Summer Gould

A blog about Direct Mail Marketing, tips, tricks and what not to do.Summer Gould is President of Eye/Comm Inc. Summer has spent her 27 year career helping clients achieve better marketing results. She has served as a panel speaker for the Association of Marketing Service Providers conferences. She is active in several industry organizations and she is a board member for Printing Industries Association San Diego, as well as a board member for Mailing Systems Management Association of San Diego. You can find her at Eye/Comm Inc’s website: eyecomm.org, email: summer.gould@eyecomm.org, on LinkedIn, or on Twitter @sumgould.

Heather Fletcher is senior content editor with Target Marketing.

In our compulsion to always be in the fast lane, it’s easy to forget that once upon a time, direct mail was our principal medium of marketing communications and not incidentally, made some of its best practitioners millionaires.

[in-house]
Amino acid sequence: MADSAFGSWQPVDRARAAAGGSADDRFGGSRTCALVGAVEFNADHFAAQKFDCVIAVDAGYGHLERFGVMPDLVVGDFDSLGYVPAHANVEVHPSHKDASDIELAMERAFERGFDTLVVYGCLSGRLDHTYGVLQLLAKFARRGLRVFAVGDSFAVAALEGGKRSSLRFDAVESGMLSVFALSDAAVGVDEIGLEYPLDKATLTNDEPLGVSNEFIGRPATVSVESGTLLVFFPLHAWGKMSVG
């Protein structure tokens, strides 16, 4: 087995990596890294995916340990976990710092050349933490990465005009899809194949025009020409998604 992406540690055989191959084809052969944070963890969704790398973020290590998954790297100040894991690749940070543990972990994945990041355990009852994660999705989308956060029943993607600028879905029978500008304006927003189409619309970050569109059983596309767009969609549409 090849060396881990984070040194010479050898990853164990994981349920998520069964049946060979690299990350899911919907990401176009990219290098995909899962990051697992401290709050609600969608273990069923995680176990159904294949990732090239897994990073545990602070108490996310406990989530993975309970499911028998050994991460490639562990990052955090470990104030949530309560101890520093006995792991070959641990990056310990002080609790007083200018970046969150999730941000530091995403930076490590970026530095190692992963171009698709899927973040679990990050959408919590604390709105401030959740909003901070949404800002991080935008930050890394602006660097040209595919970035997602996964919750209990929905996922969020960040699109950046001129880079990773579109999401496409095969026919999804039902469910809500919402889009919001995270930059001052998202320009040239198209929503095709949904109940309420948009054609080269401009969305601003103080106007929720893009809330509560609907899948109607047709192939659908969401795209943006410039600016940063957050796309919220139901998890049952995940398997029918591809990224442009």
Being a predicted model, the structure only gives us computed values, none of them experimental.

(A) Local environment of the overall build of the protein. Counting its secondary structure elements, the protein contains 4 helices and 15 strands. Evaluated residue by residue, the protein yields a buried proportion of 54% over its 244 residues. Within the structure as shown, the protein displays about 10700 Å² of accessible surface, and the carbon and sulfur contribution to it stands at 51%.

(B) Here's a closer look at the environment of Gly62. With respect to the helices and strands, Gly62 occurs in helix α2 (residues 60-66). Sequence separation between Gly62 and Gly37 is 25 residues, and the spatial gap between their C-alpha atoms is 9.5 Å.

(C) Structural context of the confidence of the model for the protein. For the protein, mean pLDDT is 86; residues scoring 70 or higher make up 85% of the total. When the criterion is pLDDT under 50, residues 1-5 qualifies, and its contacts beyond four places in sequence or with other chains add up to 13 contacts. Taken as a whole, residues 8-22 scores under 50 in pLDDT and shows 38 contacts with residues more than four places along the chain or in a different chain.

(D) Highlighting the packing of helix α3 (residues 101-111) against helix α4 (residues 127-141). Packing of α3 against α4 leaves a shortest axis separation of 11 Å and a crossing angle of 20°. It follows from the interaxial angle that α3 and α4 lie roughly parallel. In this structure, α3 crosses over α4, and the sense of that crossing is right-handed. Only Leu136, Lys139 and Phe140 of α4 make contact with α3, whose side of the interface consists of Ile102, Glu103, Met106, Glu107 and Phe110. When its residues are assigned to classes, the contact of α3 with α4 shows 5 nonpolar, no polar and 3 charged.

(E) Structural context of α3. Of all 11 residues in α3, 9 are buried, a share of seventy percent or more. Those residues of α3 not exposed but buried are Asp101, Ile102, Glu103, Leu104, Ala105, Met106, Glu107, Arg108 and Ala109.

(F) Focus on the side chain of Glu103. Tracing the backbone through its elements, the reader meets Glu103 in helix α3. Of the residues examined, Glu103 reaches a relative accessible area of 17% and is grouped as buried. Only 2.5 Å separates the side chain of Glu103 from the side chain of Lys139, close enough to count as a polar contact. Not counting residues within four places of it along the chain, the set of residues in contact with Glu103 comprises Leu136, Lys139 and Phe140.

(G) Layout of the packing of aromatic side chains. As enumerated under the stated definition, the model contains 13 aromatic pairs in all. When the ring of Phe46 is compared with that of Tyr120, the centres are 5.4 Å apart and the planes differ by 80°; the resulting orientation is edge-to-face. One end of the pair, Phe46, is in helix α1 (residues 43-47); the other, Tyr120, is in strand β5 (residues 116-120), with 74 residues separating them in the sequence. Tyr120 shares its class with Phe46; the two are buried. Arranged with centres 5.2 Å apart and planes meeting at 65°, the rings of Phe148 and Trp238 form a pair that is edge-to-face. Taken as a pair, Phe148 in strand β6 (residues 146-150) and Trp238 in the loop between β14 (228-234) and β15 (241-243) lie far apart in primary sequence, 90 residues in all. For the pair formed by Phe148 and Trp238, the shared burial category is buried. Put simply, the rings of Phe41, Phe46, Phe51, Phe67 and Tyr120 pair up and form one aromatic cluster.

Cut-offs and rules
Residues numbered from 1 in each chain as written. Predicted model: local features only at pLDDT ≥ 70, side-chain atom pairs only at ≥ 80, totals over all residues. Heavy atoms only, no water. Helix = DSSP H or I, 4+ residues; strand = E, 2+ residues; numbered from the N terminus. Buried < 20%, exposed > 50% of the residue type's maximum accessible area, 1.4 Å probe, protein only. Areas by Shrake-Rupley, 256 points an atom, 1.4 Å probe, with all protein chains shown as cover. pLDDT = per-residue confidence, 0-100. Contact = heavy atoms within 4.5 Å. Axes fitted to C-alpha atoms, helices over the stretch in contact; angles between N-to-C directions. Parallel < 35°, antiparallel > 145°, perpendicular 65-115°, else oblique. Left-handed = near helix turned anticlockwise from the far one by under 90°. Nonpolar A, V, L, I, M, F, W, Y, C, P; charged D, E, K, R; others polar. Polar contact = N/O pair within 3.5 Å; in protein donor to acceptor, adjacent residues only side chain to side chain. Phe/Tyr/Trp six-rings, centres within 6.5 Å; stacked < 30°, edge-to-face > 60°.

Postage prices increase on Sunday. In the bellwether price rise, Forever stamps increase a penny. “Mailing Services product prices [go up] approximately 1.9 percent, and most Shipping Services products will average a 3.9 percent price increase,” according to the USPS.

At age 12, the oldest members of this generation watched the banking crisis unfold and their parents suffer through the Great Recession, then the jobless recovery. While this may be bad news for financial services marketers, it’s great news for the rest of the advertisers.

Millennials will have a cumulative $1.4 trillion in spending power by 2020. Because they are known as digital natives, many people thought direct mail was a bad way to reach them. However, this has shown itself to be untrue: Millennials like getting mail!

So what is Neuromarketing? It’s marketing that focuses on the brain. Since the brain makes all of our decisions, we should target our marketing there. Most current direct mail marketing is focused on upper brain function that involves reasoning, sometimes with emotion. This is the wrong approach.

This is a very common question our clients ask, especially the smaller ones. They need to know if they should be A/B testing. The easy answer is "yes."

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